Is Halloween kosher?


During the 2008 election campaign, Republican candidate John McCain stated during a visit to Israel that “Purim is the Jewish Halloween.” 

Flanking him on the tour, Senator Joe Lieberman didn’t just correct him, he also took the fall for the comment:


"I had a brief exchange with one of the mothers whose children was in there in a costume for Purim," Lieberman told MSNBC. "And it’s my fault that I said to Senator McCain that this is the Israeli version of Halloween. It is in the sense because the kids dress up and it’s a very happy holiday and actually it is in the sense that the sweets are very important of both holidays." 

The question of how Jews relate — or should relate — to Halloween has proven to be a bit more complex than a matter of costumes.

A correspondent for the Jewish Daily News, an Orthodox Jewish publication in 1926, expressed surprise with being invited to two Halloween parties from Jewish institutions, surmising that people fancied the holiday “a sort of pre-election affair.”

"May I state that this was formerly a pagan holiday,” the correspondent wrote. “The ancient Druid priests used to light fires on the evening of October 31st for the dead spirits. This custom was later utilized by the Christian Church after the conversion of the pagans and thereafter the day was recognized as All Hallows or All Saints’ Day, a day on which mass is said for the martyrs and saints of the Christian Church.”

In 1999, Jane Ulman wrote a lengthy Op-Ed piece expounding on the the history of the holiday. Although she didn’t fancy herself a Halloween advocate, she made the case that the holiday is no more or less complex than other American holidays:

Today Halloween has as much relevance to Samhain and All Hallows Eve as Mother’s Day celebrates incest, revenge and the Christian Church.

And that’s exactly my point.

Mother’s Day, according to many sources, can be traced back to an ancient Greek holiday honoring Rhea, the mother of the gods, who married her brother, the Titan Cronos, and then plotted revenge to save her children. Later, the holiday honored the mothers of England and, in Europe, the Roman Church.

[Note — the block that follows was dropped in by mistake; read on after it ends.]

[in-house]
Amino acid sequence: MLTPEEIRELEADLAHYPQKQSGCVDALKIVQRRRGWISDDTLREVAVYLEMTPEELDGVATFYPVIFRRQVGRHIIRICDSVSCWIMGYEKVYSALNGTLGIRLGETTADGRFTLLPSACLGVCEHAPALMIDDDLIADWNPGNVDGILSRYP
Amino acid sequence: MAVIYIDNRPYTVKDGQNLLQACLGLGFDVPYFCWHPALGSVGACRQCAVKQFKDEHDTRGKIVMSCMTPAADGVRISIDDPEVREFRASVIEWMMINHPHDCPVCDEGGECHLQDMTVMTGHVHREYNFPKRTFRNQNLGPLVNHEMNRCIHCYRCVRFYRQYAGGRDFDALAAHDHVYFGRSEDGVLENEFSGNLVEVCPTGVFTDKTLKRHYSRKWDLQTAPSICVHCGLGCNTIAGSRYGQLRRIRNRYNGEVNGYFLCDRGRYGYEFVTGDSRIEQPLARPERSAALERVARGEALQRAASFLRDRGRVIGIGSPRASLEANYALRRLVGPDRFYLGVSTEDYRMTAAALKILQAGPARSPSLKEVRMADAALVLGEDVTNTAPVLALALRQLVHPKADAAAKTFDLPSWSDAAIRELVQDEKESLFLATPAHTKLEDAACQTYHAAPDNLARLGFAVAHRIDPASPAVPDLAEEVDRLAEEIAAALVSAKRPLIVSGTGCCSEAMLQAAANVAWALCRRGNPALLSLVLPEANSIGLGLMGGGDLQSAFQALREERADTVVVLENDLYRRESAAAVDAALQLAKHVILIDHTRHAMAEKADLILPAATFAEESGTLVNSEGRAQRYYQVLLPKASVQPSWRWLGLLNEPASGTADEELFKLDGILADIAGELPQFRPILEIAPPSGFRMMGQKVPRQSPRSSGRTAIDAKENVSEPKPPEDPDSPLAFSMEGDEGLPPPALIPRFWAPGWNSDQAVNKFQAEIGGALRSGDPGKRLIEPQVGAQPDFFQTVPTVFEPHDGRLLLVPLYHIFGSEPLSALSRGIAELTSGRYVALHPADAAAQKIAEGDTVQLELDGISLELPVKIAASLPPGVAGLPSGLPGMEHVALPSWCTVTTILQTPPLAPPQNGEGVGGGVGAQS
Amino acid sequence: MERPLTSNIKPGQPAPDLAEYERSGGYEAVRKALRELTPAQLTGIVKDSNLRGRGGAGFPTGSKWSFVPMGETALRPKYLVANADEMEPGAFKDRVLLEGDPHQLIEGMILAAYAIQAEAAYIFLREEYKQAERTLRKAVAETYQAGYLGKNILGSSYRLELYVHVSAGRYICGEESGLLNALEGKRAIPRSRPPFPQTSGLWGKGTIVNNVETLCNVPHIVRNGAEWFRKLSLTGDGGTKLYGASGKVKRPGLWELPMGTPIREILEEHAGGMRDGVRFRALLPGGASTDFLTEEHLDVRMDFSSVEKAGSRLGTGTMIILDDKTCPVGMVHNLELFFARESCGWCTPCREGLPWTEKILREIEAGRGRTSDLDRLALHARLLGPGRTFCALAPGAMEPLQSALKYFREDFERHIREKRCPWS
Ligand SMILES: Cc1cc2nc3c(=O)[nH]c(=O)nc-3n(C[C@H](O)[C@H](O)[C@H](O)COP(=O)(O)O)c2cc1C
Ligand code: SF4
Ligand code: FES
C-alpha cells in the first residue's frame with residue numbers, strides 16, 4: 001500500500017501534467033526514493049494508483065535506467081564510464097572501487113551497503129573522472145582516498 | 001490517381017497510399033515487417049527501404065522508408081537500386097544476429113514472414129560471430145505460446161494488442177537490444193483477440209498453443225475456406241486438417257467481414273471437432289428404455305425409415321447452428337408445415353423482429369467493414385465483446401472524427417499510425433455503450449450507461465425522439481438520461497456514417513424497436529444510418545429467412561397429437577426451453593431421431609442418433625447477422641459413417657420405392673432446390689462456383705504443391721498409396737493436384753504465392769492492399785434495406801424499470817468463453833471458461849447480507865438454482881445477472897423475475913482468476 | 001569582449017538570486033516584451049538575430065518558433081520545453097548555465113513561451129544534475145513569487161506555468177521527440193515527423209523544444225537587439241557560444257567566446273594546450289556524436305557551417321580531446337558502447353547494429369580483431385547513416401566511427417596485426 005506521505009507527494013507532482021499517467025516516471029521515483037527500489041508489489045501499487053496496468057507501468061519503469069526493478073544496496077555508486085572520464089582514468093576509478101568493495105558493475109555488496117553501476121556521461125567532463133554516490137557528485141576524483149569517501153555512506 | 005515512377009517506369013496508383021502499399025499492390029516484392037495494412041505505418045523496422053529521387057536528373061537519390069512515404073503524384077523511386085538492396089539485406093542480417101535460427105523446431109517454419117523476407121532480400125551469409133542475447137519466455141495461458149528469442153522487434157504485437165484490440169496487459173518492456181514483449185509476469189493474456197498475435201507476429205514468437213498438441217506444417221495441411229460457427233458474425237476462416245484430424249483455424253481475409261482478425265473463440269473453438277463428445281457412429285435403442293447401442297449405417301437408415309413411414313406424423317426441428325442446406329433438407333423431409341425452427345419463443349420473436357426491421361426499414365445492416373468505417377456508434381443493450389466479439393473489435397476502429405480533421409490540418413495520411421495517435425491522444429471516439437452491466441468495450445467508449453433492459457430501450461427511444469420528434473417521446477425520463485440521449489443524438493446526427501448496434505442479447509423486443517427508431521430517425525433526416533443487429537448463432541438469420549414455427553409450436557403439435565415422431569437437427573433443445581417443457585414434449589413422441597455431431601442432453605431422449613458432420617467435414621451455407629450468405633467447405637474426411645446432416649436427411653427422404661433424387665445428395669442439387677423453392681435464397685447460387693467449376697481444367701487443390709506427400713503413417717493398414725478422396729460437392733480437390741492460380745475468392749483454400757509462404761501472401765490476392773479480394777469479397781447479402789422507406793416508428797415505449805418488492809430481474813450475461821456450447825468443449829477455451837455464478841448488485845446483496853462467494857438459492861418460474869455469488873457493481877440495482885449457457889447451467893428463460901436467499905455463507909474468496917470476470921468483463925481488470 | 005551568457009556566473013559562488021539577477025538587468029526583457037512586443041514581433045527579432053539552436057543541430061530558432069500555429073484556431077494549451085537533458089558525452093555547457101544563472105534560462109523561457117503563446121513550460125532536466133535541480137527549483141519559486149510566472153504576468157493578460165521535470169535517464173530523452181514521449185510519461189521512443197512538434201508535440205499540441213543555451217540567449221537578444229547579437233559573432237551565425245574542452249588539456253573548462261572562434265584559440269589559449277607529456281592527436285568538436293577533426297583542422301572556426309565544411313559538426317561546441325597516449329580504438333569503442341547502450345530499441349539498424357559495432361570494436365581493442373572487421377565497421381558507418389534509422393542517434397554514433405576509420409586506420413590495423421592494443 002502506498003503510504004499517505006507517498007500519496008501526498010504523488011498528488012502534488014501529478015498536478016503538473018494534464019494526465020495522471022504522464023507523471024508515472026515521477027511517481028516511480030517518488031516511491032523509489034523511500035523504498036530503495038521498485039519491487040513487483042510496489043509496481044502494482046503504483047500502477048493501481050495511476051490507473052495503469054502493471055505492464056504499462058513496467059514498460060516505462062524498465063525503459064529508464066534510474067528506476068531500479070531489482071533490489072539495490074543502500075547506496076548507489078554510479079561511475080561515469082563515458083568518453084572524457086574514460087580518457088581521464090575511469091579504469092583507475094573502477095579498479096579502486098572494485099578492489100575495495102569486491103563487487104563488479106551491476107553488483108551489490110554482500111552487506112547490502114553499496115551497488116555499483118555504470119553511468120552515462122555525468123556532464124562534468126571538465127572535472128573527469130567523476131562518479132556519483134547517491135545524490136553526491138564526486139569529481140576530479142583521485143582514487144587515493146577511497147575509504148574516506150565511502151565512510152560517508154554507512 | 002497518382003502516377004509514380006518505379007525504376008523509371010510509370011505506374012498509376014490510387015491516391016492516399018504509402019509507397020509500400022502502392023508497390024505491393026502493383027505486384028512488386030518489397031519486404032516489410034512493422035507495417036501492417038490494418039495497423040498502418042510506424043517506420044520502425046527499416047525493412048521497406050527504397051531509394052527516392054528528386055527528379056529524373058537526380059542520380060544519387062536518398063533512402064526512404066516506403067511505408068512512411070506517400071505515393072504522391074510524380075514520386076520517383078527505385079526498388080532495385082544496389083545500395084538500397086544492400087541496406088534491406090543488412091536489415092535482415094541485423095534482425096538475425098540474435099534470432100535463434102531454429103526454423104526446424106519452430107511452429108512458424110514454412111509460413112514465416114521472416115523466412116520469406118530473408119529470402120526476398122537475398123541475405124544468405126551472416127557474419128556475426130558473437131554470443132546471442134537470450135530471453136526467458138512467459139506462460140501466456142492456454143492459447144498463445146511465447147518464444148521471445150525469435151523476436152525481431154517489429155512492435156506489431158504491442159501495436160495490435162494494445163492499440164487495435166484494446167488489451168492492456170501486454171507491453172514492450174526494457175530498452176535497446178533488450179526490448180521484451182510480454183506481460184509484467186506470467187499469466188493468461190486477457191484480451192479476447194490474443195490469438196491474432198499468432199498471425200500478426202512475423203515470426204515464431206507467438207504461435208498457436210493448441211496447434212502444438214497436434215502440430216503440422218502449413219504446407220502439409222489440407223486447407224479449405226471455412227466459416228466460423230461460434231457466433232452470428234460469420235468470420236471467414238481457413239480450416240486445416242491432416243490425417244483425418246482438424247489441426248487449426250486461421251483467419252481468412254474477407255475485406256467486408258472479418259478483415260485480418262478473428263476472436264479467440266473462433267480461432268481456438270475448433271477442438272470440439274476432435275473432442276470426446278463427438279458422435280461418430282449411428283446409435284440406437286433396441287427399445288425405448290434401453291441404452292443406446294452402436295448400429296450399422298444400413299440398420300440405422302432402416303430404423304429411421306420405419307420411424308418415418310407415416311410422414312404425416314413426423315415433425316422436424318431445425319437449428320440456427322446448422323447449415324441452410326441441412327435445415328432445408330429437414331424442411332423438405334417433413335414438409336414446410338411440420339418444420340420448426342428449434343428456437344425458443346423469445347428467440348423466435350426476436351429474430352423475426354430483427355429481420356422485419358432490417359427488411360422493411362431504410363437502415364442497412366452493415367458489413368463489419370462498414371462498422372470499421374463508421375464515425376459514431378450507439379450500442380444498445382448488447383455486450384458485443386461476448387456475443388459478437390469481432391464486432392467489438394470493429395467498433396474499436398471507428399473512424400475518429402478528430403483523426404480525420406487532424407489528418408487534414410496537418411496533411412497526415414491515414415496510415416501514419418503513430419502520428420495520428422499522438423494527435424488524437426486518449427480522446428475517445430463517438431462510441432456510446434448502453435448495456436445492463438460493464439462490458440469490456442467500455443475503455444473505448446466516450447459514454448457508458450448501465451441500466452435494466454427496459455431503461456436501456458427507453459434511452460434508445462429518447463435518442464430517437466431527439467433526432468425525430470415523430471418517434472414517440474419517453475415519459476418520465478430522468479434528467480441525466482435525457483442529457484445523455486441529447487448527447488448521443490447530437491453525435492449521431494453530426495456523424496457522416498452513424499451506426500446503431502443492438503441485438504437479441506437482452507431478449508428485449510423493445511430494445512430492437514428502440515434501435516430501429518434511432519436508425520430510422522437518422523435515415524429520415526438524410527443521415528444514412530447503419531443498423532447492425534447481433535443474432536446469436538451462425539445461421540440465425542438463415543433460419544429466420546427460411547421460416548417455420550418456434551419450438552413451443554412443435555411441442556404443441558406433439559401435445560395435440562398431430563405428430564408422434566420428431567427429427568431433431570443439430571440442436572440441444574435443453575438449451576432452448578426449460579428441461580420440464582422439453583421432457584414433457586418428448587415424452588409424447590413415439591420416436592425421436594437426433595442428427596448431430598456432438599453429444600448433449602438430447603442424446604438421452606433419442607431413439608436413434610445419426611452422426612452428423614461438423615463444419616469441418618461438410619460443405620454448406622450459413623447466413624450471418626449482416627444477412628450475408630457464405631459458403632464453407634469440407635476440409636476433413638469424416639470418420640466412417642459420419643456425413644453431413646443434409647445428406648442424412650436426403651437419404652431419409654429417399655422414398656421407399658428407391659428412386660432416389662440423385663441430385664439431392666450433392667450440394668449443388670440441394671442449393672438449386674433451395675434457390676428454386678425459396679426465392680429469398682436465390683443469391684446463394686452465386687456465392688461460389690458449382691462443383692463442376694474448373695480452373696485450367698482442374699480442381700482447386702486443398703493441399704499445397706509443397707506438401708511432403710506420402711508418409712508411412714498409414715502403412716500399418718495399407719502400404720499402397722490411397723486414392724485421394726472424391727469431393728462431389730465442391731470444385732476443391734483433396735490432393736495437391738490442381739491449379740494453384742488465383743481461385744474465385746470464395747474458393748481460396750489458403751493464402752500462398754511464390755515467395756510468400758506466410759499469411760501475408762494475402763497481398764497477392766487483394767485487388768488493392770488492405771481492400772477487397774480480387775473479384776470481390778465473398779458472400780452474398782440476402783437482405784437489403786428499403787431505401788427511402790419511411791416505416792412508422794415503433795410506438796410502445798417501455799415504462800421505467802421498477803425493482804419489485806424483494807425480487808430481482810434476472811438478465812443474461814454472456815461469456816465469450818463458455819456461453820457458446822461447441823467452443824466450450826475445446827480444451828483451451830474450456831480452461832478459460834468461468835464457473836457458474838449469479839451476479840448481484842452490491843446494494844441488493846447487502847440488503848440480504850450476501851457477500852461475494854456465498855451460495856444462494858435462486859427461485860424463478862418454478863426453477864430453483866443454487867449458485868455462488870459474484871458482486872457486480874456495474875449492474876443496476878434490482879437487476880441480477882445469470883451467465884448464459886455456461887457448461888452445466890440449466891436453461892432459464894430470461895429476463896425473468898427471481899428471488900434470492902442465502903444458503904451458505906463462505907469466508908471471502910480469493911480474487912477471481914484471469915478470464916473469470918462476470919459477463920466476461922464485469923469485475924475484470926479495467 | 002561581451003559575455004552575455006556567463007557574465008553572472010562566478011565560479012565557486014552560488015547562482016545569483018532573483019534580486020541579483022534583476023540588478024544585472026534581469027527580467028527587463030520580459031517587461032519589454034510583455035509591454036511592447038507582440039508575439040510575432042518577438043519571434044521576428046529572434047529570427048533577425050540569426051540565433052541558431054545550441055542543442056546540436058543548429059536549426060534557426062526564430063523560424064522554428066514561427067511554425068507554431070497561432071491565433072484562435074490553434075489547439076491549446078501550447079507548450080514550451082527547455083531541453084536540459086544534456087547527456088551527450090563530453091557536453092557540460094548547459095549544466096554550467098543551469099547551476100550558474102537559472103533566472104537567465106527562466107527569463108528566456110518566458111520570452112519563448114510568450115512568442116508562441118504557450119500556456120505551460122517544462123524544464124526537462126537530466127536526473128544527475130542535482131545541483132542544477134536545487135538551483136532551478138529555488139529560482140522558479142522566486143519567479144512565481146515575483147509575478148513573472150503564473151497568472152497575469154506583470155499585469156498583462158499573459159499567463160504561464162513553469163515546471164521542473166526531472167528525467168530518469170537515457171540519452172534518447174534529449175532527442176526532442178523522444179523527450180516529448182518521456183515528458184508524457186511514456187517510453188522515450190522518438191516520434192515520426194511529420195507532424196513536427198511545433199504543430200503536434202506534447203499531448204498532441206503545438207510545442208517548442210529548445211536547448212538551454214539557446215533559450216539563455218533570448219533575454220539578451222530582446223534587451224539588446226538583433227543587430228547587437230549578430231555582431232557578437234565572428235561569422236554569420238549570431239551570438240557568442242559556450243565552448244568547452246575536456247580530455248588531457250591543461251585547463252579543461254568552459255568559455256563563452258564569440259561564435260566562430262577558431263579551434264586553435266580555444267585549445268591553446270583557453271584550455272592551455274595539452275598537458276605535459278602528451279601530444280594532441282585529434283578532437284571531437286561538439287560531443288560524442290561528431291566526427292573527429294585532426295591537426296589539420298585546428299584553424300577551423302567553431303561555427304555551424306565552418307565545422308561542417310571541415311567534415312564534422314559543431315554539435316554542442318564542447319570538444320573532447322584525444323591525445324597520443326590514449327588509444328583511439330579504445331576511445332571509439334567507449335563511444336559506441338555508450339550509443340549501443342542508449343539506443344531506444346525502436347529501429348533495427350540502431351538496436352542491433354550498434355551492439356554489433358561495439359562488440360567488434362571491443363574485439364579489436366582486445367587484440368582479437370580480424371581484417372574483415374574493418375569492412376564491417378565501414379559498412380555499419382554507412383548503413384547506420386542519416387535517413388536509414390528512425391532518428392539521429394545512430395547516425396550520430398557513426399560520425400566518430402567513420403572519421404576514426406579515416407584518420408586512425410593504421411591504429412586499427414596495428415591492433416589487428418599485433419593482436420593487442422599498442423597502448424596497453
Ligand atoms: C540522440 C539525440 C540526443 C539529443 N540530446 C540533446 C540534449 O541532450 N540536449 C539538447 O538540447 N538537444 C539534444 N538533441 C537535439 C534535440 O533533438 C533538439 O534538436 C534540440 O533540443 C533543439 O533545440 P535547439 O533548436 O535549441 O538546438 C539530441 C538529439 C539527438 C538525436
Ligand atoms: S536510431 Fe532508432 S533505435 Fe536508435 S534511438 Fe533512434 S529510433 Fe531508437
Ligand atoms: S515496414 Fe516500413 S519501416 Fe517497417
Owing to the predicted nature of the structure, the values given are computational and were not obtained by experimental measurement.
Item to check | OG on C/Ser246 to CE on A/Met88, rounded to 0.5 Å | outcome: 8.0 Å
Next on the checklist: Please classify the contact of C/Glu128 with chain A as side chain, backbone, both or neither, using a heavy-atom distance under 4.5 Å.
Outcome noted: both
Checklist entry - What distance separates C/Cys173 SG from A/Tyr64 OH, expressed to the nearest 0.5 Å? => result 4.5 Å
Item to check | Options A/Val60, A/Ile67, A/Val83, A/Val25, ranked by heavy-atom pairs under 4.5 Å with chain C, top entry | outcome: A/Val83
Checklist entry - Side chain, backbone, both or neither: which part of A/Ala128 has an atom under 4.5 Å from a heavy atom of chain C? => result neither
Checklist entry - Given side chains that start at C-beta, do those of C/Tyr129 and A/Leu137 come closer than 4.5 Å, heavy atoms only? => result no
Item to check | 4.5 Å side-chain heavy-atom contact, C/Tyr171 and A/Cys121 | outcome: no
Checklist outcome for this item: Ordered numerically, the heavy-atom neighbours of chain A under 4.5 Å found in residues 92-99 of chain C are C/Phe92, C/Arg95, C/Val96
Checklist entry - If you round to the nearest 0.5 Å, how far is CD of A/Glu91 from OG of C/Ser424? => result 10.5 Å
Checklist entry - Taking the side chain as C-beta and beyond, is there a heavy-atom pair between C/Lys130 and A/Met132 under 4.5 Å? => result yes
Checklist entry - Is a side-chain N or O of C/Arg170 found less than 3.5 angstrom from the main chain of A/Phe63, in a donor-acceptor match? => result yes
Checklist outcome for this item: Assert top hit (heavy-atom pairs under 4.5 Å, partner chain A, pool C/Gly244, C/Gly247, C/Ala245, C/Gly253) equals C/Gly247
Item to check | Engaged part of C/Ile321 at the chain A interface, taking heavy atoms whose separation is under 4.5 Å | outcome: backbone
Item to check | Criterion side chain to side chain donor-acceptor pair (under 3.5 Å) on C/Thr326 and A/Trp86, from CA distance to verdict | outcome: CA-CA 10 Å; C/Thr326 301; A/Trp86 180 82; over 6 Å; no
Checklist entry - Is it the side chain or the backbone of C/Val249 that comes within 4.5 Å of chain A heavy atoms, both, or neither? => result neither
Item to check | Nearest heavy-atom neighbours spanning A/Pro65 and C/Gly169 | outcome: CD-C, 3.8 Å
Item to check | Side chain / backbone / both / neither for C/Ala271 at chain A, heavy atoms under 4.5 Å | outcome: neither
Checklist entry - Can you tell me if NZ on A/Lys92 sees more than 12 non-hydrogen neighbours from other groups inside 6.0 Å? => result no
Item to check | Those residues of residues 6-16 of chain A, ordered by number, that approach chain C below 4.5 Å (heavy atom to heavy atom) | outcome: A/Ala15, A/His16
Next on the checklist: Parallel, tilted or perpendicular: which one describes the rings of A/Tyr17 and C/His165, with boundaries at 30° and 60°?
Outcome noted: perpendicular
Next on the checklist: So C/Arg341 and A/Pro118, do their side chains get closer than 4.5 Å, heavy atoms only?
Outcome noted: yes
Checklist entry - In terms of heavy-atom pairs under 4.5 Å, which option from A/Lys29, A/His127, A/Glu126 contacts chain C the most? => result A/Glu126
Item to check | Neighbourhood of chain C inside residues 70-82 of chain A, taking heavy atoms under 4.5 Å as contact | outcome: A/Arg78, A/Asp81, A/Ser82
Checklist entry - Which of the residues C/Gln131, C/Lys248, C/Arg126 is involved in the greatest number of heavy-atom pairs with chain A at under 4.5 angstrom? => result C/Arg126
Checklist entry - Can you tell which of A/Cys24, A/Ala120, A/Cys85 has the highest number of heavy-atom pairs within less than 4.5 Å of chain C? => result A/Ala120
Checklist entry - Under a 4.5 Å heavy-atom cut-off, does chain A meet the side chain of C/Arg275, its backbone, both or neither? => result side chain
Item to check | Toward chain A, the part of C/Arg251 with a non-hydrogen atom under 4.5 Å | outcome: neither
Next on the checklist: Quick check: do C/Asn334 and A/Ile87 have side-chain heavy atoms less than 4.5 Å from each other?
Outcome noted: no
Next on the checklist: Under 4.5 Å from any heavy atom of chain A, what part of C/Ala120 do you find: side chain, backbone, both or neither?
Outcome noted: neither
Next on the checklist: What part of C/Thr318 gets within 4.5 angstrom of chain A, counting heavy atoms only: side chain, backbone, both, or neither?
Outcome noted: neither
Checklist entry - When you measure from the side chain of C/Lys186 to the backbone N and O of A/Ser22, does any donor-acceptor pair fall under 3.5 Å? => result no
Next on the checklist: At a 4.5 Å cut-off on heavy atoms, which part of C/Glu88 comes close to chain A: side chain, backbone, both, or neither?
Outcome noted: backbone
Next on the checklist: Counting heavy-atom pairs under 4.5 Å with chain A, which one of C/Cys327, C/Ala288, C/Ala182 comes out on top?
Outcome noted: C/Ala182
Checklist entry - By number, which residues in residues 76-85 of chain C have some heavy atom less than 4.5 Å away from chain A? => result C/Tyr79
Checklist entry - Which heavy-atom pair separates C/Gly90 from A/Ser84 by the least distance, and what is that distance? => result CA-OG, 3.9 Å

So should we Jews boycott Mothers Day because of its pagan and Christian origins? Tell that to my mother and mother-in-law, who would forgo a new blouse and family brunch.

At age 4, I remember feeling slightly on edge during a preschool trick-or-treating event. Partly because fewer candies sported a kosher stamp at the time, but also owing to the fact that my mom associated Halloween with being egged while getting off the bus. 

Indeed, for some Jews, Halloween is associated with anti-Semitic hooliganism. A Kansas City synagogue was vandalized in 1927, as was a New York City synagogue in 1960. Beyond eggs and broken windows, a firebomb was reported in 1968. 

Jews occasionally stood up against these incidents. In Boston, a group of 18 Jewish youths were arrested and released in January 1951 after setting out to avenge a pre-Halloween beating at Hecht House, a Jewish community center. Seven other youths in the case had their cases continued because a revolver was found in the car they traveled in.

As a young adult, my dad watched tempers and testosterone flare as Jewish youth formed civilian patrols to stand watch outside synagogues, waiting for Halloween revelers to shout slurs or throw rocks.

Such was the scene in New York in the 1980s. In 1983, when two young adults briefly faced felony charges after they confronted three teens who entered a Brooklyn synagogue on Halloween. The charges were dismissed by the district attorney, citing lack of proof. In 1985, the late journalist William Saphire wrote about a vigilante group called the Jewish Defense Organization (JDO), whose founder “claimed that 10 JDO members gave a lesson ‘in Jewish justice’ to six teen-age vandals they found desecrating Washington Cemetery, a Jewish cemetery on the borderline between Boro Park and Midwood on October 31, the night of Halloween. Asked what constituted ‘Jewish justice,’ he said ‘beating up and worse.’”

Ulman’s 1999 Op-Ed piece also addressed this point by saying that McCain’s “Jewish Halloween” also told a tale of retribution:

In averting the decree to murder the Jews, the Megillah tells us that 75,000 anti-Semites in the province were massacred, along with several hundred in the city…

I’m not a Halloween advocate. I’m also adamantly opposed to Jews celebrating intrinsically religious holidays such as Christmas and Easter.

I just want to point out that holidays, like people, are complicated and not always unadulterated. But unless Halloween falls on Shabbat, I don’t see where trick or treating, in a home where Jewish life flourishes, compromises a family’s Jewish values.

Not every holiday or happening has to be moral and meaningful, nurturing or nourishing. Occasionally fun is the operative objective.

Of course, not every Jewish association with Halloween is a negative one. While a tasteless Hitler costume will make news from time to time, and Coca-Cola once got in trouble for packaging that featured a witch donning a Jewish star on her hat, Jews occasionally use trick-or-treating has also served as an opportunity to raise money for charity.

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